a.      Is there a special attitude involved in perceiving aes objects/properties or needed to produce aes experience or proper aes judge?

33.    Goldman’s conclusion (yes, sort of)

         a.      Aes appreciation involves perceptual and cognitive activity and affective receptivity that generates aes experience involving being removed from our typical practical affairs and the illusion of entering another world (lose ourselves in aes experience)

         b.      What does this do to “everyday aesthetics?”


34.    Disinterest (DI) as crucial to aesthetic attitude

35.    DI usually means lack of interest in practical uses of aes objects

         a.      Attend to object only as object of (active) contemplation, pay attention to its phenomenal properties simply for sake of perceiving them

         b.      Savor perceptual experience for own sake, instead of putting it to further use in our own affairs (kind of intrinsic valuing?)

         c.      But sometimes the role of the artwork in practical life is essential to a best appreciation of it

                   i.       Taking part in religious service, using a cathedral for his purpose, can heighten rather than distract from aes experience of building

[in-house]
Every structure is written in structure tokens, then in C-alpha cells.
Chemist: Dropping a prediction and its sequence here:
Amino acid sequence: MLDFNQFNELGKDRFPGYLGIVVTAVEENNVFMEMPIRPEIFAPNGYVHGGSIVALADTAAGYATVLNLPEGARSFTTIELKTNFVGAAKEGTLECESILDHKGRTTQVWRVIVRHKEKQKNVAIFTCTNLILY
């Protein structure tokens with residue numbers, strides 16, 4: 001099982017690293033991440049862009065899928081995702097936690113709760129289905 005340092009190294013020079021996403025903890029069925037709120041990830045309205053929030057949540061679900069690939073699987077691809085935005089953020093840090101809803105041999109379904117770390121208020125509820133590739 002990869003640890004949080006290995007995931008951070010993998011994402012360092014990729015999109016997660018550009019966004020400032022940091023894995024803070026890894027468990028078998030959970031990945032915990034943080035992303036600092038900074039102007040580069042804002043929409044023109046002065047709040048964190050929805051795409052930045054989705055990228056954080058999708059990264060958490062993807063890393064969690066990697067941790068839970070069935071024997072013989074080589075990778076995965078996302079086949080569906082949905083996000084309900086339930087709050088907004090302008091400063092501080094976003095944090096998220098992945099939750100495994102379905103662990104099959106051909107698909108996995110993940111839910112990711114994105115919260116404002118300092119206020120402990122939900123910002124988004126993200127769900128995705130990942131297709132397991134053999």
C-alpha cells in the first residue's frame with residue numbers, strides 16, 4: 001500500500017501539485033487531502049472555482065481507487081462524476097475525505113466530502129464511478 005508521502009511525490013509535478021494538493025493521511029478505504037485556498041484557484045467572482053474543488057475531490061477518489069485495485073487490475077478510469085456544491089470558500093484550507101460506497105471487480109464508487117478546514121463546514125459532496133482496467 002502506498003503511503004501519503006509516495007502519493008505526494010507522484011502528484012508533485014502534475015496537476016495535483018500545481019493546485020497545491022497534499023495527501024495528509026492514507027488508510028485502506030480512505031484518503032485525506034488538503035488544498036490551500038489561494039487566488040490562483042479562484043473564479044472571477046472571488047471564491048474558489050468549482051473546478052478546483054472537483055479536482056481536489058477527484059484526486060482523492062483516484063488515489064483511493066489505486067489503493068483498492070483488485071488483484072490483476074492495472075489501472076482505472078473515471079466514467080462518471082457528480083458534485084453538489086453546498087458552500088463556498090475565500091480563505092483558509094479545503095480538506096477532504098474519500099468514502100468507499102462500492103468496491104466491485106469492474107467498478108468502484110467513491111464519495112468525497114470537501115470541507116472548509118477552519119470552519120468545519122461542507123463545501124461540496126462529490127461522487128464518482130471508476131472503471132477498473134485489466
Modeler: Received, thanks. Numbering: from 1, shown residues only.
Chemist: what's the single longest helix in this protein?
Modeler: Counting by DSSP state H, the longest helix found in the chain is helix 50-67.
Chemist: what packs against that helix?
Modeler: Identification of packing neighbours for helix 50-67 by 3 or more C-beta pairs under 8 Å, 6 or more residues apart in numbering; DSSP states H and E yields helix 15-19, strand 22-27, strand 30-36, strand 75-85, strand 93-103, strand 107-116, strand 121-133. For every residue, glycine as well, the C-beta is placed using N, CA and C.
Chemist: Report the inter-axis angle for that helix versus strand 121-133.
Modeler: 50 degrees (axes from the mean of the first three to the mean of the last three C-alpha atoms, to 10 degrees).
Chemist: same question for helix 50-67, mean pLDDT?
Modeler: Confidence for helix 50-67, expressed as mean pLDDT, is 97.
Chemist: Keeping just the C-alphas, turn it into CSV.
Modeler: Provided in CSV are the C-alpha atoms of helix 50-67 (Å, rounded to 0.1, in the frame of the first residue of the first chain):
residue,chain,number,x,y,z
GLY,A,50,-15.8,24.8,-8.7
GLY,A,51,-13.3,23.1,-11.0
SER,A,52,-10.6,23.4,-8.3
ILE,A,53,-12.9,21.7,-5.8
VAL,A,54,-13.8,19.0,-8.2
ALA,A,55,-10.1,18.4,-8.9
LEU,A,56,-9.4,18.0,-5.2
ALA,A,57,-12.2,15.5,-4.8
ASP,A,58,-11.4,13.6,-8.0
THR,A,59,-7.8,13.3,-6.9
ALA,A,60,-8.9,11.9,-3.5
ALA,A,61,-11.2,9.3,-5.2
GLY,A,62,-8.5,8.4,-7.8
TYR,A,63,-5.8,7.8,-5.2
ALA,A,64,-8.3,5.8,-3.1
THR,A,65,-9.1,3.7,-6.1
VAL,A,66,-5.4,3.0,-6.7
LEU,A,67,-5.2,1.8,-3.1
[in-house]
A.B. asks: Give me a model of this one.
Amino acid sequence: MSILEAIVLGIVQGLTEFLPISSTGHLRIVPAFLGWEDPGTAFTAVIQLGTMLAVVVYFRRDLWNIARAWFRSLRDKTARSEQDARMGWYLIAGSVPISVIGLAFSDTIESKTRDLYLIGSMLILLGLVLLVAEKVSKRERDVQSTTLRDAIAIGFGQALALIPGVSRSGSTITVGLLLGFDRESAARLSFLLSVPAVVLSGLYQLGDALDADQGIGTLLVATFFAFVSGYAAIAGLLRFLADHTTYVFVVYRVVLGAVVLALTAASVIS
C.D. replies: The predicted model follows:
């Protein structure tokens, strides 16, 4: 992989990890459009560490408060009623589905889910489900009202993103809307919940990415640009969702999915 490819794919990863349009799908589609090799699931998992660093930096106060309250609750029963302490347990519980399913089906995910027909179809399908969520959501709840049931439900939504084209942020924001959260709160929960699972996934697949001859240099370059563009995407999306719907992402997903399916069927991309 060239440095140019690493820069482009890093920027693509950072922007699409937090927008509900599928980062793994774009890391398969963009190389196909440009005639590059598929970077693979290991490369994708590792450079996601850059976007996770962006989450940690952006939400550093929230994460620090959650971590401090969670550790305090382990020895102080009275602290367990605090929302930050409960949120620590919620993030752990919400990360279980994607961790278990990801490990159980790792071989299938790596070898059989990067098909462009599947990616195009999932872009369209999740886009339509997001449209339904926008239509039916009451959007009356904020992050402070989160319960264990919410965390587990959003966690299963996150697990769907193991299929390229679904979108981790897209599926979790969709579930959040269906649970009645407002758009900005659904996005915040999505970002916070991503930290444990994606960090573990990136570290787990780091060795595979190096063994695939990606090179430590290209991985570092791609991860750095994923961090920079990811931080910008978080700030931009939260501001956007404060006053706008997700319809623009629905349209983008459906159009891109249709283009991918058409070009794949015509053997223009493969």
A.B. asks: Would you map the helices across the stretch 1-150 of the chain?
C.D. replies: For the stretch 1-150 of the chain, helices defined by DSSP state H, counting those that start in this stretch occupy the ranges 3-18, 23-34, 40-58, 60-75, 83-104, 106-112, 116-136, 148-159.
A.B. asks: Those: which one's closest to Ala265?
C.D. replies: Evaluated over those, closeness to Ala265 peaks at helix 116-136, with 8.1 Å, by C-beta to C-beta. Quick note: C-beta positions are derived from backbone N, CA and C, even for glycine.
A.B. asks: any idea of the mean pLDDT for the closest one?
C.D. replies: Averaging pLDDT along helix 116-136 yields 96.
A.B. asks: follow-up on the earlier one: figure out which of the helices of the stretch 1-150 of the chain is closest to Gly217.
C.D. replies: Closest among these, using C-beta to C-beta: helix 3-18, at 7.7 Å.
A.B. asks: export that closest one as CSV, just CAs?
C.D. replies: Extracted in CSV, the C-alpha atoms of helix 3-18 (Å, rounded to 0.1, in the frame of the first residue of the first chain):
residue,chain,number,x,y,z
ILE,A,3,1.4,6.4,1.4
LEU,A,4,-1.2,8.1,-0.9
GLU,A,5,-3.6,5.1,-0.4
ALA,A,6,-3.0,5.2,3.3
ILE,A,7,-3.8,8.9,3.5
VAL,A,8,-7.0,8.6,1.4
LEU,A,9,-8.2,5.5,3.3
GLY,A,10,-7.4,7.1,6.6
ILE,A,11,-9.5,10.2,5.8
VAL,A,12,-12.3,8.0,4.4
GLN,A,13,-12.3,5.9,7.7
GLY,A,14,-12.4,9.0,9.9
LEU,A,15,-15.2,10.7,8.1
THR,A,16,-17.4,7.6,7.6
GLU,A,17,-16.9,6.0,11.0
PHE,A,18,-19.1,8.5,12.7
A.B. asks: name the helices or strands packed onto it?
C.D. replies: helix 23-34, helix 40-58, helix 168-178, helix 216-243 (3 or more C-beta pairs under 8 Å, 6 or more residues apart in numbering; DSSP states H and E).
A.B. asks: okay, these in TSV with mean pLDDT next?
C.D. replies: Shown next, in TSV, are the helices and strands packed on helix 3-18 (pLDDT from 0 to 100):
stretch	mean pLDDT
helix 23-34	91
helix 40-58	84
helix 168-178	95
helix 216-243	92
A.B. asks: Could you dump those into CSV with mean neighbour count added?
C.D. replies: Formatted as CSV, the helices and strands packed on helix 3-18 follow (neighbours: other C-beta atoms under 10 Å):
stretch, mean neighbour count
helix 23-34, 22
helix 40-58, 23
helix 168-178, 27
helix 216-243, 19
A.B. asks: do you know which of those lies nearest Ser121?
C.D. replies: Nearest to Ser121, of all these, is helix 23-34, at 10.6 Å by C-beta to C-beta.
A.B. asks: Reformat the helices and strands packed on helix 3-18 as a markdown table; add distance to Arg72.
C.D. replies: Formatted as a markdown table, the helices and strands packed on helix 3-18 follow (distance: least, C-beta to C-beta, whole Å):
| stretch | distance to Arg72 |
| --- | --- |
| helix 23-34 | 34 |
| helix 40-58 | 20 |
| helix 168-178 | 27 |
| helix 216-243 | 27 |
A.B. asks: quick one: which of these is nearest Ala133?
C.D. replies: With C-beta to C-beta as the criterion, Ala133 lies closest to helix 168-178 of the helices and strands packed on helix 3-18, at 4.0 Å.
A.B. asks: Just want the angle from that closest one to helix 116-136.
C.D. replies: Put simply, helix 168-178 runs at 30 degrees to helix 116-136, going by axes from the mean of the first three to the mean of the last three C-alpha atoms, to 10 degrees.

36.    Dickie argues that DI perception is not really a different attitude or way of perceiving or paying attention, but a freedom from distraction by personal associations, fear, economic preoccupation, daydreams and so on.

         a.      Can’t have aesthetic experience if one is not paying attention to aesthetic object

37.    DI is not

         a.      Passive (not a blank, cow-like stare), but awareness, alertness

         b.      Not emotional detachment, but rather involvement

                   i.       Not detached when cry at tragedy, jump in fear at horror movie, lose ourselves in plot of novel

         c.      Experience of object in isolation from other things, for

                   i.       How one classifies a work, where it fits in art-historical narratives affects those aes properties it appears to have

                   ii.      What is bold, daring or graceful in one style is not in another                

                   iii.     Knowledge of historical context of work including its proper classification is necessary for proper appreciation of its aes qualities

                            (1)    Knowledge that can inform one experience of work includes artist intentions, techniques, attitudes, problems over come and so on

                            (2)    Knowledge that five foot tall tree has overcome 100mph winds and 30 below temperature for centuries can inform one’s experience